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Chunking in Soccer
Chunking is dividing large amounts of information into smaller chunks that can be retained in "working memory" so that retention, learning and understanding is dramatically improved.
Research studies have determined that "working memory", what an average individual can only focus on at the same time, is limited for most individuals, to 4 chunks of information that it can handle at the same time. The range in studies is between 3 and 5 chunks of information and varies by individual and the size of the chunks of information.
When too many chunks are presented to "working memory" or when the chunks presented to "working memory" are too large, an individual's focus goes into overload and performance suffers.
Bibliography: Current Directions in Psychological Science: 2010, Feb 1;19(1):51-57
Chunking In Practices
Training exercises and materials need to be covered in logical sequential chunks that individual players can process and learn from. When information is provided out of sequence or in chunks that are too large players do not learn as quickly or as well.
In surveys most youth players quit playing sports, often forever, when they feel they are not learning, not getting better, they are bored and/or they are no longer having fun.
Bibliography - ESPN: 2013, July, 16:
To keep players from being bored, losing focus and/or not learning keep them active and avoid having players stand in waiting lines. To keep players focused setup an exercise for the best number of players to keep players learning. If 7 is the best number of players and you have 14 players at practice. Set-up the same exercise in two side by side areas.
Samples of Chunking In Player Training
Training players to use their weaker foot as a manipulative foot to handle the ball (to touch, dribble, pass and shoot) is a 5 step sequential chunk progression. See Training 1 Footed Players
Training players to scan the field (for teammates, opponents and open spaces) is a 6 step sequential chunk progression. Most players stare at the ball and player in possession of the ball for 54 seconds a minute. The very best players scan the field for teammates, opponents and open spaces for up to 26 seconds a minute. See Faster Scan Rate Training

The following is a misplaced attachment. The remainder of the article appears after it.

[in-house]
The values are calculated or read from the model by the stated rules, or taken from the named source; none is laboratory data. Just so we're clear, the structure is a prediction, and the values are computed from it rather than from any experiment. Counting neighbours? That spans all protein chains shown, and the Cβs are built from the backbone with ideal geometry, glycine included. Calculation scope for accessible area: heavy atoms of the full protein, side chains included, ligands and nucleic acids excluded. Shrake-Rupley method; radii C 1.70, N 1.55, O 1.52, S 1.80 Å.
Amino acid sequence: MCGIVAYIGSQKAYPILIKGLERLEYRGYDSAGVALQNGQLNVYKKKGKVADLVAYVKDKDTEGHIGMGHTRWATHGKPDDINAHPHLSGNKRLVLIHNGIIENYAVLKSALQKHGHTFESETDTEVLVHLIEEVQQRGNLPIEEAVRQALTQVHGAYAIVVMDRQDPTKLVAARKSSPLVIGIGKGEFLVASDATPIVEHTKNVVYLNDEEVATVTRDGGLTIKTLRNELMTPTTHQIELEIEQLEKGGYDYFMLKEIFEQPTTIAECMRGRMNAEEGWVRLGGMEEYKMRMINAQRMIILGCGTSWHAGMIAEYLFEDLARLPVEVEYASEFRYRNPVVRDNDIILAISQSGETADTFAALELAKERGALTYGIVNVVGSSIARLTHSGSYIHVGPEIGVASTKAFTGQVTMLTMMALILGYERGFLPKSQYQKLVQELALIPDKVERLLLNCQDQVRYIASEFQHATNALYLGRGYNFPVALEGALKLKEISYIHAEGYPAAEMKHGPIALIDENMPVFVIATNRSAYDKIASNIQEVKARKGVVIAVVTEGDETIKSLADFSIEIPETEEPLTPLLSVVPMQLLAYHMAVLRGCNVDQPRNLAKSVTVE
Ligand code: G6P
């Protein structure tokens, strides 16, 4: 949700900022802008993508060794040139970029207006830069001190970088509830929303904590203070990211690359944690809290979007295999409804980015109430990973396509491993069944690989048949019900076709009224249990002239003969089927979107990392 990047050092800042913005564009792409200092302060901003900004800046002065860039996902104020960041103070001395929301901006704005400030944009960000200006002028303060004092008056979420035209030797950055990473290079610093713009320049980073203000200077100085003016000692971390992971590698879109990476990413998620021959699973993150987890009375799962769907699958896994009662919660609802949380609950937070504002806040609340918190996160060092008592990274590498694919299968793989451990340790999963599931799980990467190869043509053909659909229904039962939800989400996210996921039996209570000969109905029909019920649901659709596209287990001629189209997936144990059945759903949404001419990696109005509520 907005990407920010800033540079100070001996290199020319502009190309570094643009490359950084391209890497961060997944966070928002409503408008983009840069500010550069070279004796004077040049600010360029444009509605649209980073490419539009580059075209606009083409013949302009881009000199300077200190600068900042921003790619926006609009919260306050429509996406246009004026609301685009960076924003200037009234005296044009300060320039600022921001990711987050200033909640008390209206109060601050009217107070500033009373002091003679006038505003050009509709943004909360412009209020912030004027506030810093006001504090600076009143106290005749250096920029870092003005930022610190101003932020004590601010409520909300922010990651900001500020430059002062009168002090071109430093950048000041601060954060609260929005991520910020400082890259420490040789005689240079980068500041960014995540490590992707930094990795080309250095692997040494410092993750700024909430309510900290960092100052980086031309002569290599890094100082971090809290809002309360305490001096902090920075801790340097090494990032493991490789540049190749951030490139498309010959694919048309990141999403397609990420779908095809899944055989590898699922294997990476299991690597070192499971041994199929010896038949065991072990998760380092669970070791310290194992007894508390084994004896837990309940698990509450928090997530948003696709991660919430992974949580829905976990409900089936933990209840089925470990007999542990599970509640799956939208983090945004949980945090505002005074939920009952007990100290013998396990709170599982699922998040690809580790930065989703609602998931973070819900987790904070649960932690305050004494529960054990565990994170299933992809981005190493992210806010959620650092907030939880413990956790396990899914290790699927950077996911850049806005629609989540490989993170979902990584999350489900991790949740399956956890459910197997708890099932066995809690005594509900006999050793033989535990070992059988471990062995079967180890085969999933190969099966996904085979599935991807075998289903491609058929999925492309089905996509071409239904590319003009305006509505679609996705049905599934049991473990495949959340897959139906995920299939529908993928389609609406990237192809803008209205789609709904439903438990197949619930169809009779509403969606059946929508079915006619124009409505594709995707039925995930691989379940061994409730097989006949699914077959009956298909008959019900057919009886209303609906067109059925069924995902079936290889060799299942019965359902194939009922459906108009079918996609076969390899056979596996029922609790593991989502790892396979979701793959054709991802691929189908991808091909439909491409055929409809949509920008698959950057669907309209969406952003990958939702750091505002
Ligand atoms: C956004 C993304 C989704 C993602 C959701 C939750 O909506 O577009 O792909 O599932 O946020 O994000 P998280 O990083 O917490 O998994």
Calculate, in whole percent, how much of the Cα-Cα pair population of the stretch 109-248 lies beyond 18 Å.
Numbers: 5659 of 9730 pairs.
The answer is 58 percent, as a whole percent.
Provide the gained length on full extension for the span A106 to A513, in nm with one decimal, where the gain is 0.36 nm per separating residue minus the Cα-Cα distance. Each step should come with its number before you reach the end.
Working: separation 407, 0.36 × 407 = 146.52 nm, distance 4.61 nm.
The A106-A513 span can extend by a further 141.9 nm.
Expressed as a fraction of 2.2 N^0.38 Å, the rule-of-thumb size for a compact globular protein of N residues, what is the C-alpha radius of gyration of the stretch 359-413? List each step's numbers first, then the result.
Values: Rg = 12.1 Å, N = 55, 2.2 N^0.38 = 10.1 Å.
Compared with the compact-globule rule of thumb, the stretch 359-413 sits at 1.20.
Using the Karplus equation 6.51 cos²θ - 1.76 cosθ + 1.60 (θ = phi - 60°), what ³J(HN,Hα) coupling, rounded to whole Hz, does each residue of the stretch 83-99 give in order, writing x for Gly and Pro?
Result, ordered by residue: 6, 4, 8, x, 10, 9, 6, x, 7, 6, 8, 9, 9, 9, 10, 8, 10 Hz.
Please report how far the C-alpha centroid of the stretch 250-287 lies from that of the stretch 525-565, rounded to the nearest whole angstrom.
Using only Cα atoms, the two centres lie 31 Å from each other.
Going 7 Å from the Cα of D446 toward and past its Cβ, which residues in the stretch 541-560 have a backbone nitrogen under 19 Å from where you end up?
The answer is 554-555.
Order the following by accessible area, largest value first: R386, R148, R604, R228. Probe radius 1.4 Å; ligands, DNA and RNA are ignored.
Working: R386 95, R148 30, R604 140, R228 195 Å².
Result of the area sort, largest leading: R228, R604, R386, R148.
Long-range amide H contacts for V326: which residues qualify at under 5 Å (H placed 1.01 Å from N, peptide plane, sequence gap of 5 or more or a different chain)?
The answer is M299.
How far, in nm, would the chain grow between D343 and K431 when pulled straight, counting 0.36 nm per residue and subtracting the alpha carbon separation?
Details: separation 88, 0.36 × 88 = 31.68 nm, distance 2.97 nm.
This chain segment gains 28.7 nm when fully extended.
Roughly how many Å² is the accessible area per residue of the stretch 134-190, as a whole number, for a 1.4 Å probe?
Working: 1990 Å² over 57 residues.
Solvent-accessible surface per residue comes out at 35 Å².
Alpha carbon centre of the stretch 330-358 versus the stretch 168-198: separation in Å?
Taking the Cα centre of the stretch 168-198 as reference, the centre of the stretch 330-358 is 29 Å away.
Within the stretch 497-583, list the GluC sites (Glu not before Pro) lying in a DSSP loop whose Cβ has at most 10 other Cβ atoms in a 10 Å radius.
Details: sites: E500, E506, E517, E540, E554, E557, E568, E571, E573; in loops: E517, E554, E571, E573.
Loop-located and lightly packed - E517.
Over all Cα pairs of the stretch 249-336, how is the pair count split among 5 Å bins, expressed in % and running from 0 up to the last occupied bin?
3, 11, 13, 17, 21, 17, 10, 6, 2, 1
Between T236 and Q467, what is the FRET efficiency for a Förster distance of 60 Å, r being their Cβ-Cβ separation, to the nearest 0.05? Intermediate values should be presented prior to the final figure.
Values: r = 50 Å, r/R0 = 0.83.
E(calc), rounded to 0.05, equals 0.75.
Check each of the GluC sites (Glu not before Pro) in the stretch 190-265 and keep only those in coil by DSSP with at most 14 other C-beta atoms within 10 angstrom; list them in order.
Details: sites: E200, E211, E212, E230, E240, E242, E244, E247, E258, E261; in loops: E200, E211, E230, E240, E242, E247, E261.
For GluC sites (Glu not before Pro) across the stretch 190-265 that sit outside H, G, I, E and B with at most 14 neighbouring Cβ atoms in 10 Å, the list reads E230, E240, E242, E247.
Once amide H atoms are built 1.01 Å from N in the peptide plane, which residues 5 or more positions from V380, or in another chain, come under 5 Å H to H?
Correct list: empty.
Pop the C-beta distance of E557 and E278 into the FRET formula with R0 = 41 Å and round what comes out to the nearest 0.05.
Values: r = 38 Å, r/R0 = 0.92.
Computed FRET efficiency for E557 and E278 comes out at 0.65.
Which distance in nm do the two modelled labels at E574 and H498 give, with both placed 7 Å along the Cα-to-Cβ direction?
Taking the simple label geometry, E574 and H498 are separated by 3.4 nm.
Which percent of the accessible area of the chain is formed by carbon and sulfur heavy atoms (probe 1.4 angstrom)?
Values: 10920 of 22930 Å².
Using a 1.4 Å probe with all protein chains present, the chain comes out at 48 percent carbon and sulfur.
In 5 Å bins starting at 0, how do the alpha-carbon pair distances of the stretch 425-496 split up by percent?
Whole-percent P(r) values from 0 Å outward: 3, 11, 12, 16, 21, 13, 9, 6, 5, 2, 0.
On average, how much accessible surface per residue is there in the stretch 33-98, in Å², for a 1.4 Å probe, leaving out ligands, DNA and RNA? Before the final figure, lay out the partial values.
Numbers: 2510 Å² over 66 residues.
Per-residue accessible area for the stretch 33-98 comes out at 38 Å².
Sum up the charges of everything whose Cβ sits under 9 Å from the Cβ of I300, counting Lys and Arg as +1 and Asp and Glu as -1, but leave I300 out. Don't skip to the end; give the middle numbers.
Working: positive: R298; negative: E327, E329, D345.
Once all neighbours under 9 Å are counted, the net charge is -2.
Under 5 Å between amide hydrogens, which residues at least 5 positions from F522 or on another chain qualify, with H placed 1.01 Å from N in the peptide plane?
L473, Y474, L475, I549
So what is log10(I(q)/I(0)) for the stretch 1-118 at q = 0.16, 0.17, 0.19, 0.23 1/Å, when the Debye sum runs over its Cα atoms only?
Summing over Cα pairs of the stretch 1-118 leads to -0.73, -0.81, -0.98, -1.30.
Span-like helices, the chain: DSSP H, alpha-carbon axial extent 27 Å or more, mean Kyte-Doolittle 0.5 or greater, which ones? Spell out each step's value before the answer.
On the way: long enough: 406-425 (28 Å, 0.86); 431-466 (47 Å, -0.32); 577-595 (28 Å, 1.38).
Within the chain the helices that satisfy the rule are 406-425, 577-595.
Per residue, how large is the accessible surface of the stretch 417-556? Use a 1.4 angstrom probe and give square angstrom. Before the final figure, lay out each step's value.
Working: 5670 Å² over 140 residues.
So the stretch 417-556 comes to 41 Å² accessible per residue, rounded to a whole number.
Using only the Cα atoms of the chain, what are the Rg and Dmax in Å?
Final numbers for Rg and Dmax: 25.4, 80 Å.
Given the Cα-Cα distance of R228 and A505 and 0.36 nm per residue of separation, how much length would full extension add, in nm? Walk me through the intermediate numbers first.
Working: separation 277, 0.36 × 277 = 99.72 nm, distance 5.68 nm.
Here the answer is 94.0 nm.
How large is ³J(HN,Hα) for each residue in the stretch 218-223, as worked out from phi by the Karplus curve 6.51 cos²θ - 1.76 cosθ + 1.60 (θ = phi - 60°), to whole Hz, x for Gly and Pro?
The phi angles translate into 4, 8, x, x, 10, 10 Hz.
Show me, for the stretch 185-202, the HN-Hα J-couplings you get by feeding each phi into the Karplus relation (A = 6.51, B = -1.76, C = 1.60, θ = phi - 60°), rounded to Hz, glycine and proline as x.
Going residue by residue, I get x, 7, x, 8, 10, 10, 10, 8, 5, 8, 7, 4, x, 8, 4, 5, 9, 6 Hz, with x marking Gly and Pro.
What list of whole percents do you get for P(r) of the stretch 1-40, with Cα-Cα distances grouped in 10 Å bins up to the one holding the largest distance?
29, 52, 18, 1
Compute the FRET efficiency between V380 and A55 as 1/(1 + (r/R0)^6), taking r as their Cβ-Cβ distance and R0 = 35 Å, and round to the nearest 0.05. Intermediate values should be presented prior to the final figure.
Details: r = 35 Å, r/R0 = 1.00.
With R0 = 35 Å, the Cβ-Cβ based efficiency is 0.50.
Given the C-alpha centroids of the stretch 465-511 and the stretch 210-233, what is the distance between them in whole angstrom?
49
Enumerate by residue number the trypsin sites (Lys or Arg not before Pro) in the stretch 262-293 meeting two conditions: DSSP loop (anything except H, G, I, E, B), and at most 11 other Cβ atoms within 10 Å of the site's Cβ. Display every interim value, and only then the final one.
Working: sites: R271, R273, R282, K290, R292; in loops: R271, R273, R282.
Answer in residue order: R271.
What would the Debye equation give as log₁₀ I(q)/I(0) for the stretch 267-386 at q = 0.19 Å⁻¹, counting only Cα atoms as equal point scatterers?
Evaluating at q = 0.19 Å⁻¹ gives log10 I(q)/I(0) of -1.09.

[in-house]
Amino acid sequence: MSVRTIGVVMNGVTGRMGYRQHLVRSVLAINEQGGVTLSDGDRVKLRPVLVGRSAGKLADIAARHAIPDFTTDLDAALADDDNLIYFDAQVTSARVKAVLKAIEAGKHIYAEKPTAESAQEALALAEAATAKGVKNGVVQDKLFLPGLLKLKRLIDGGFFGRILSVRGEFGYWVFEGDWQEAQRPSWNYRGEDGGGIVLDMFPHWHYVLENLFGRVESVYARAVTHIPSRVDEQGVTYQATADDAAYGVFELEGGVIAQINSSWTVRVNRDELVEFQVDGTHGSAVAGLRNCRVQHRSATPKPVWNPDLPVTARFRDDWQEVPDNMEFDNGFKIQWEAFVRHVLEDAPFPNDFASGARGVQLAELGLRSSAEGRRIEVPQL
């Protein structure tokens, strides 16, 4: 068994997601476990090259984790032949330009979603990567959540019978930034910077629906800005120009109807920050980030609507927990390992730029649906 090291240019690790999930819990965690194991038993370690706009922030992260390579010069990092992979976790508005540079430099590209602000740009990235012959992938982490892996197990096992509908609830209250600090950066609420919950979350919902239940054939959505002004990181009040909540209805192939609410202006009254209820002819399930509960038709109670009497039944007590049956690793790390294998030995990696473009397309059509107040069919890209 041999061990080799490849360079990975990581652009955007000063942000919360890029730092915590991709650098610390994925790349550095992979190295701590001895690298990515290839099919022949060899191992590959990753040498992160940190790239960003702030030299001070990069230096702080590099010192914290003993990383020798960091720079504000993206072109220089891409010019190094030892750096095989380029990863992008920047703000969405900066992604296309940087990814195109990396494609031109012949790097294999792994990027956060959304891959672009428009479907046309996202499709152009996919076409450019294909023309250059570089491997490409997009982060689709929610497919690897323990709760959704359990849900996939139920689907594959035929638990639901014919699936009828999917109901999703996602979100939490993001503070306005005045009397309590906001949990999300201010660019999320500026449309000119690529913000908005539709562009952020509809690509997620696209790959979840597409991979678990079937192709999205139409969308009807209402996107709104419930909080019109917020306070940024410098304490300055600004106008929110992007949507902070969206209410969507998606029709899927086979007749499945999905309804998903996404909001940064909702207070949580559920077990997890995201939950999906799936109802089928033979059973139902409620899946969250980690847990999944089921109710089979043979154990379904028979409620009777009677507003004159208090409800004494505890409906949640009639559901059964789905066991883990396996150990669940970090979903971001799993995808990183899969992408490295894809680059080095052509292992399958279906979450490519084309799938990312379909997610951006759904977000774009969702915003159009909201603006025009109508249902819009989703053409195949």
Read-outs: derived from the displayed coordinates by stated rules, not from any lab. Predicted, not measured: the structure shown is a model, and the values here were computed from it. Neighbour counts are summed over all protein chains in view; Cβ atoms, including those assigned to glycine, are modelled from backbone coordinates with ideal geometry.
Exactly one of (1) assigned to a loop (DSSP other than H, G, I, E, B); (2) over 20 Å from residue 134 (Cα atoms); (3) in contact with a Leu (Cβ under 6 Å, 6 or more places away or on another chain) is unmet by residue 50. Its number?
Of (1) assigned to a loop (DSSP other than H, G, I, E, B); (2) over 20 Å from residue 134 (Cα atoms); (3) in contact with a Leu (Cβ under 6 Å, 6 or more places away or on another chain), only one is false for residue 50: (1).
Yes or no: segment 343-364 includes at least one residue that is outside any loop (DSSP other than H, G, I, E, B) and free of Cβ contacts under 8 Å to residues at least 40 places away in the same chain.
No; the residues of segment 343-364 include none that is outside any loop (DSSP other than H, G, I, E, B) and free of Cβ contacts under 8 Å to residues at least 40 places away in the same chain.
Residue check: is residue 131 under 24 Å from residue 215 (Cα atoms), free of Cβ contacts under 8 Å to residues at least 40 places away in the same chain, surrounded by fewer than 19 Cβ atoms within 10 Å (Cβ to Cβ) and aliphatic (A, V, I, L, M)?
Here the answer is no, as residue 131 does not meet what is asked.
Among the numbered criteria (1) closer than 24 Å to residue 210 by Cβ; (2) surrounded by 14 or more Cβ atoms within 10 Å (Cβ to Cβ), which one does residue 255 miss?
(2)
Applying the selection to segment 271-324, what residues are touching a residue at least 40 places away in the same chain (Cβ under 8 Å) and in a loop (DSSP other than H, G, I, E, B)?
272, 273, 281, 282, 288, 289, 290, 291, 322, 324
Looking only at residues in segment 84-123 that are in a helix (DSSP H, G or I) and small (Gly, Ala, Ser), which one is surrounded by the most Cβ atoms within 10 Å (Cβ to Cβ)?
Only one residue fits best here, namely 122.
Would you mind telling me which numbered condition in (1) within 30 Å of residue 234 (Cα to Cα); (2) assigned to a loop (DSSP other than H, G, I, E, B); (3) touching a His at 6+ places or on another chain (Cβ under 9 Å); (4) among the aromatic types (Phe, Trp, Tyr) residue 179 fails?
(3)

Chunking in Games
Players "working memory" can be overloaded in games when coaches, their assistants and parents all giving them too many, complex and/or conflicting instructions. To protect players from information overload coaches need to teach their assistants and parents not to give players instructions before or during games unless the coach has specifically asked them to do so.
When it comes to pre-game, during game and half time instructions:
Chunking in Player Development
Player development is dividing a very large chunk of training, like team defending, into a logical progression of small chunks that are introduced in a developmental sequence that players can learn over time. The goal is not 100% perfection by 100% of all players in a single practice, but rather the players starting to pickup and learn the topic, at their own learning rate over time.
When one or more players start to master a chunk and are successful their teammates see their success and also learn. When a few learn and master, others soon follow.
Chunks should be on the edge of being challenging, so players don't get bored and lose focus. Human nature is to do what you already know that is comfortable for you. Development is being challenged to be just a little out of your comfort zone so you must focus, because when you focus learning and improvement follow.
And because doing the same thing session after session becomes boring chunks need to challenge the mind and body in different ways. For example:
There are several dozen teaching aids and approaches to training that are used to present chunks of information in learning progressions.